- Kevin Seifert, NFL Nation
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PALM BEACH, Fla. -- Apparently, our next stop in sniffing out the Minnesota Vikings' true intentions this offseason is to make the dangerous connection between a stadium drive and football expenditures.
John of Belleview, Ill., is worried that the Vikings could become the "Kansas City Royals of football" for one of two reasons: Either owner Zygi Wilf will bring down his player payroll to limit further losses, or state legislators will require the team to pay so much toward construction that debt service will render moot the increased revenue of a new stadium.
Here's what I can tell you: Wilf has done nothing if not spend liberally on players during his first seven years as the team's majority owner. If my count is right, he has made five capital calls to his investment partners to cover the difference between revenues and his player payroll. In total, Wilf and his partners have pumped about nearly $100 million into the franchise on top of the $600-million purchase price.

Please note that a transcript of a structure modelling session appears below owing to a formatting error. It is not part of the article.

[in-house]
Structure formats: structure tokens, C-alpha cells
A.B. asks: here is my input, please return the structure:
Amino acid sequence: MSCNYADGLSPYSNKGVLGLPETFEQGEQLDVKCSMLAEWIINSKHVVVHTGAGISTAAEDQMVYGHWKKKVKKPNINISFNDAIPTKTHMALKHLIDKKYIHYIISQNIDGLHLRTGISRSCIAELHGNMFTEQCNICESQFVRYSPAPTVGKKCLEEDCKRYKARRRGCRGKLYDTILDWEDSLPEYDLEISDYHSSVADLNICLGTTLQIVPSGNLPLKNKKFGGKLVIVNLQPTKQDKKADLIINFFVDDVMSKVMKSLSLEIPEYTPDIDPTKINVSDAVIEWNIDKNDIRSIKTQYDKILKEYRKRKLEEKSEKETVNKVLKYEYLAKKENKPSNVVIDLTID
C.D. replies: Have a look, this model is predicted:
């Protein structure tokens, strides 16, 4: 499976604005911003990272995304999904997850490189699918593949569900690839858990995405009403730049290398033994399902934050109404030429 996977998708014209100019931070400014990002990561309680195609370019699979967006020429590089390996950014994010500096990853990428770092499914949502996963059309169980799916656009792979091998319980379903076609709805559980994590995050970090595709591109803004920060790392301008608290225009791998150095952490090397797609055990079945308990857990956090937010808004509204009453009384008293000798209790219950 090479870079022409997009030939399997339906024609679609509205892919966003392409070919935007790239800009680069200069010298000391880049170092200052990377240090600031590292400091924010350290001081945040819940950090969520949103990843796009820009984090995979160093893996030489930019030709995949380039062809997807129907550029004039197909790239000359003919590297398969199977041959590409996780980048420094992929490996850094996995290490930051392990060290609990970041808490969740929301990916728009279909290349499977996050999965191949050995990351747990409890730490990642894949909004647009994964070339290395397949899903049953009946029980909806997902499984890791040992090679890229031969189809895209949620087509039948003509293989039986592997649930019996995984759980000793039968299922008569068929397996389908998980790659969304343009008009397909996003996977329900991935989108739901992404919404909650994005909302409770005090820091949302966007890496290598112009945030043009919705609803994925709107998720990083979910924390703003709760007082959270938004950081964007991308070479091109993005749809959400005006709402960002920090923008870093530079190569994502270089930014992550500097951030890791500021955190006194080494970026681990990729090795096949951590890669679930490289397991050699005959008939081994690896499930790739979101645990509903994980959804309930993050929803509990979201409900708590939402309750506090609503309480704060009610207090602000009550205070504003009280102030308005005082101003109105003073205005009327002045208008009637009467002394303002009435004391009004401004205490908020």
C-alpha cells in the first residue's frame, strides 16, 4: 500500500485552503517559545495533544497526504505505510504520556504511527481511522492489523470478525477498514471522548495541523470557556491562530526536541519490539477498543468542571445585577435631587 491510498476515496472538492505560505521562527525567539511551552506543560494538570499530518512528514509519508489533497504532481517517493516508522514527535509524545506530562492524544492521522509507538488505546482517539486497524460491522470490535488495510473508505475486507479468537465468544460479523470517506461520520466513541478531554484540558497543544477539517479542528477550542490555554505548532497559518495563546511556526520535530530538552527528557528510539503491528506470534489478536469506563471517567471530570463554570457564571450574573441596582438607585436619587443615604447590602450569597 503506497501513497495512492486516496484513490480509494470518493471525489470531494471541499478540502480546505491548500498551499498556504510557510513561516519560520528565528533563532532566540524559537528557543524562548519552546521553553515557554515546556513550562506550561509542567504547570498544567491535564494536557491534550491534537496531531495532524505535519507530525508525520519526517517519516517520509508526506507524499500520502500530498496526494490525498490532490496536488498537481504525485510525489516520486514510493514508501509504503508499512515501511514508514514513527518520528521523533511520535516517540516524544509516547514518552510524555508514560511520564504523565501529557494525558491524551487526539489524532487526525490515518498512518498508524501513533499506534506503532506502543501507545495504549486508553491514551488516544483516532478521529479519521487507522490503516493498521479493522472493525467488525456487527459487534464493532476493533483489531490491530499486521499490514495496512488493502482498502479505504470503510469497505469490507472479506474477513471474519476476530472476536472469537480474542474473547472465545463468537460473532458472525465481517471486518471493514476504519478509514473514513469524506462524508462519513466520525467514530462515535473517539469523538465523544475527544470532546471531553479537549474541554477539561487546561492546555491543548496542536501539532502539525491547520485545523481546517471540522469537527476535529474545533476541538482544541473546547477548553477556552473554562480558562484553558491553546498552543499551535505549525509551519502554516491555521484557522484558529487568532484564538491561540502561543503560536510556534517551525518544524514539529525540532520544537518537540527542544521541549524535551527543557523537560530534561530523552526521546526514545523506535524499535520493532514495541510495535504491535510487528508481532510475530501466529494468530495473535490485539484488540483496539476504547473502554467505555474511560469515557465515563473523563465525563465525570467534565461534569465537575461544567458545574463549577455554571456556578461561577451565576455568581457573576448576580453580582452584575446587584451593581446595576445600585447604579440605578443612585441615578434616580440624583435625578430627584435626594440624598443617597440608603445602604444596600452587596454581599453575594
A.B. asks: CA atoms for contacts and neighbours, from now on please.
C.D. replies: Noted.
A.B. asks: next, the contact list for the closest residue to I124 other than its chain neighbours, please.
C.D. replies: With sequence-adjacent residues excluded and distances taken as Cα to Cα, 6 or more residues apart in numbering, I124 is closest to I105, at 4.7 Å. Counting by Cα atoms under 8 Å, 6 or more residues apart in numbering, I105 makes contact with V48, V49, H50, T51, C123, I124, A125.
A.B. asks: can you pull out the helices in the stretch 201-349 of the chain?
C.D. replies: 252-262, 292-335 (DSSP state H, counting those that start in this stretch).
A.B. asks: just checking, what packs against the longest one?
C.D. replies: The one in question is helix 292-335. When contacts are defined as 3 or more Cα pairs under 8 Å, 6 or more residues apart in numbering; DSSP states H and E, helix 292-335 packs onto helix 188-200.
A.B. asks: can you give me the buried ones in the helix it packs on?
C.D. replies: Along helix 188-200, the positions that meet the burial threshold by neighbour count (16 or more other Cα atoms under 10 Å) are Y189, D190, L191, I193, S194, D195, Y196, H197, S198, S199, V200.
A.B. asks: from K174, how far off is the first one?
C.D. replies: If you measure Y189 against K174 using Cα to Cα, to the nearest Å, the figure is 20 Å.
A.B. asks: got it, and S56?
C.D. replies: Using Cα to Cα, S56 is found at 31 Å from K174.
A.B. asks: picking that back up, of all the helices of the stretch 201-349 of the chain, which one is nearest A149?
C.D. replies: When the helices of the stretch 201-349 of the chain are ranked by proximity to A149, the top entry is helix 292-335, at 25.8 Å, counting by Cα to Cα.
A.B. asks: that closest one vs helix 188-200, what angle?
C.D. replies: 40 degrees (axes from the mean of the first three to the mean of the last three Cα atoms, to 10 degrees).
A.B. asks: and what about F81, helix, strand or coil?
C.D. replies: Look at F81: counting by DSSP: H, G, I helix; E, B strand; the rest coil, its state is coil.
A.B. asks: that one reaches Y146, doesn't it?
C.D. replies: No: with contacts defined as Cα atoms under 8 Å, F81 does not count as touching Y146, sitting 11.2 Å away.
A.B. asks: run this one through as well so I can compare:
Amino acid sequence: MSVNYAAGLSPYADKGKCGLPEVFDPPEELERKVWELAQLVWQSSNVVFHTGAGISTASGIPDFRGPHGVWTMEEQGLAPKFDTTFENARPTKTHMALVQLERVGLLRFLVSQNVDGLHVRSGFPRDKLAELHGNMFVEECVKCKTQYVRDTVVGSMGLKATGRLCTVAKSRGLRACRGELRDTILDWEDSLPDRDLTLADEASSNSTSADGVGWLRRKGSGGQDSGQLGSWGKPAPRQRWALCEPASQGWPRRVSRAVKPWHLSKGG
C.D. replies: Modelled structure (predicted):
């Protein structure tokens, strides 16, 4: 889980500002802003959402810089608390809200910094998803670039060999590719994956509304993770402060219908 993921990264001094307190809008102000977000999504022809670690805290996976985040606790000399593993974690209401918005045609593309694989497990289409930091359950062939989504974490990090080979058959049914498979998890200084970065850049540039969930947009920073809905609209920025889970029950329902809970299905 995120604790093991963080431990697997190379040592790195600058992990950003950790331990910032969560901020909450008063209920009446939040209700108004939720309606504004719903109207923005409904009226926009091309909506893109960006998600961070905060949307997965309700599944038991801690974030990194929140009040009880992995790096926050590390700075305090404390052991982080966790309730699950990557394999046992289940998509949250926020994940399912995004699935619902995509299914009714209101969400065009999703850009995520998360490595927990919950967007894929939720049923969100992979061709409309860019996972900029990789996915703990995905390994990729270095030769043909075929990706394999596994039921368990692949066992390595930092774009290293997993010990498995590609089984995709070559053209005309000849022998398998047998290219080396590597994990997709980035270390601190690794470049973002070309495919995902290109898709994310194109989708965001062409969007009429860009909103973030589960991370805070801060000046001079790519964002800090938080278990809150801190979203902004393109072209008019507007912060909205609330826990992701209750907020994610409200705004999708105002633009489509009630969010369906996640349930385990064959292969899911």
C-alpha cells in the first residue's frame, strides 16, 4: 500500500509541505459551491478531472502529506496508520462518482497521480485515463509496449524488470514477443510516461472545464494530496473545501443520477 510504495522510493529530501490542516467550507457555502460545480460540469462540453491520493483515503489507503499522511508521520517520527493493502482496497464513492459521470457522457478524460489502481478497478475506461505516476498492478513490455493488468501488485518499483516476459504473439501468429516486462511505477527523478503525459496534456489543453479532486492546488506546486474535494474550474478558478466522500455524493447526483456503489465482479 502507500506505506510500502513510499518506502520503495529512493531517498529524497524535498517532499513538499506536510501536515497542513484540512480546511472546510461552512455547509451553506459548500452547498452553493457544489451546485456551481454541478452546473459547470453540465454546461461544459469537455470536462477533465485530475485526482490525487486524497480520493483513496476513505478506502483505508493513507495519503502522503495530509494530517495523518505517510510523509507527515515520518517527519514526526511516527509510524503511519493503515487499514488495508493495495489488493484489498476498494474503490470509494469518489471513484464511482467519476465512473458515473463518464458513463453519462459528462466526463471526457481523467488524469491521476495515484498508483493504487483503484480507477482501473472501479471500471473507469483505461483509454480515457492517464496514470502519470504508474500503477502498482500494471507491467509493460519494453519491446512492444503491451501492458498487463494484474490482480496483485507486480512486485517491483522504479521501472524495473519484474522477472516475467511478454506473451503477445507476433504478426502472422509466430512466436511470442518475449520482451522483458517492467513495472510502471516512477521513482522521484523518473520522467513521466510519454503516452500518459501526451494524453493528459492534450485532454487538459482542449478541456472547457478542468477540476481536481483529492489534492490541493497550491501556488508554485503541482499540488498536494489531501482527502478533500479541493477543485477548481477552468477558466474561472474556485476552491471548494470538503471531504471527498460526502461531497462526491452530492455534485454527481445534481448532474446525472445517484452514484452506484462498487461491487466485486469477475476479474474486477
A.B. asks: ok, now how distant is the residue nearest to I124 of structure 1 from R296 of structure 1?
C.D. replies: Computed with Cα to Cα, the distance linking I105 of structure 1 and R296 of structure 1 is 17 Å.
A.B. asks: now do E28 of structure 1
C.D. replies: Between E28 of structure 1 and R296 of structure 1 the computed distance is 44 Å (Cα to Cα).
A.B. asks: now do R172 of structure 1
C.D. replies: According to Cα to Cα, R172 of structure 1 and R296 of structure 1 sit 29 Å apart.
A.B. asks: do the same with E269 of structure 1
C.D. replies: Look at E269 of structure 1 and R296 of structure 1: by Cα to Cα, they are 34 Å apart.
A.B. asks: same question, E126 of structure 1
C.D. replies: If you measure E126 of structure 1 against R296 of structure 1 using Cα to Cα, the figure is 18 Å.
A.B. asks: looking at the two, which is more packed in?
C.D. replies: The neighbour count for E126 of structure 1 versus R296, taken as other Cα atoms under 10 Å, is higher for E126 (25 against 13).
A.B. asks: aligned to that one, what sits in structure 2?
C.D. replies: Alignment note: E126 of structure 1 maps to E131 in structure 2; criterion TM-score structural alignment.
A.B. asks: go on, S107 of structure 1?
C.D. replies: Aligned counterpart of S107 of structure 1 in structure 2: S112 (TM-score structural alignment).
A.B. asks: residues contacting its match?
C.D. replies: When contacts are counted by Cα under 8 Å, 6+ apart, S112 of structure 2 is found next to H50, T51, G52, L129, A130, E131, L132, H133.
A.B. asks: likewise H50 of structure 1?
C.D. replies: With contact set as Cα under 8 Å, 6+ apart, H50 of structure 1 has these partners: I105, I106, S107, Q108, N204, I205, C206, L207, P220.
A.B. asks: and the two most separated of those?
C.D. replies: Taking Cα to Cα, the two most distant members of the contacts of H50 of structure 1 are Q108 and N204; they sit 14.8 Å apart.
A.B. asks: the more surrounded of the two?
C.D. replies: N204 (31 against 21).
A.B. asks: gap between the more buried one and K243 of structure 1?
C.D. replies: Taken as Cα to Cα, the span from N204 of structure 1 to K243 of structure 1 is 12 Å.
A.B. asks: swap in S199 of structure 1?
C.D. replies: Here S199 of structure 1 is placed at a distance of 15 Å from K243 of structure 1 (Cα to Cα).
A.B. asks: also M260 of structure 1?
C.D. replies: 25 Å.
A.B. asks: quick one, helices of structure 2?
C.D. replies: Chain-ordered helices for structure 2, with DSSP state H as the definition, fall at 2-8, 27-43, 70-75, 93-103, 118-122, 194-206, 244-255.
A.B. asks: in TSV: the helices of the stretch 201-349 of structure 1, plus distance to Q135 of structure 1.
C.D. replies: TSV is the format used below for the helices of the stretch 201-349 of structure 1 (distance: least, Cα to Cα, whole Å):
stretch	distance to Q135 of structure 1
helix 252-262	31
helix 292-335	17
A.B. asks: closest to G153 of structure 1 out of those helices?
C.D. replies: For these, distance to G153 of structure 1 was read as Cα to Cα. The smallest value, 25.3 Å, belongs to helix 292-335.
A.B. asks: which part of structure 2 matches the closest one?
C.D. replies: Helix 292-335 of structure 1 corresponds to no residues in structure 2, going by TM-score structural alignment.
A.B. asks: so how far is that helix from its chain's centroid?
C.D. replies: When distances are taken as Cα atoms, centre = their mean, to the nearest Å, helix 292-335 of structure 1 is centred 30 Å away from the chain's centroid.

And I feel confident in suggesting Wilf wouldn't have agreed to the current terms of his stadium proposal if it would have shortchanged his projected revenues.
There is no denying the Vikings have made but one significant free-agent expenditure, signing tight end John Carlson to a five-year contract worth $25 million. And I understand why Vikings fans would be suspicious given the blatant financial scaleback they endured in the final years of previous owner Red McCombs' tenure.
But if the Vikings have made a shift, it's one of philosophy rather than finances, general manager Rick Spielman said here at the NFL owners meetings.
Spielman: "Our ownership has always been very supportive of what we need to do, getting players and things like that. I think that doesn't have any effect on whether we're going to sign or not sign a player."
Owner/president Mark Wilf echoed that sentiment: "It's a long-term process in terms of building through the draft, filling in through free agency, and that combination is something we wanted to structure the organization to have our best chance at long-term success. … We want to win right away, too, but the main thing is we want to be first-rate and first-class on a consistent basis."
I realize that no team official would admit to a financial scaleback, but in Wilf's case, we have seven years of free spending and one offseason of a longer-term view. It doesn't add up to anything sinister for me.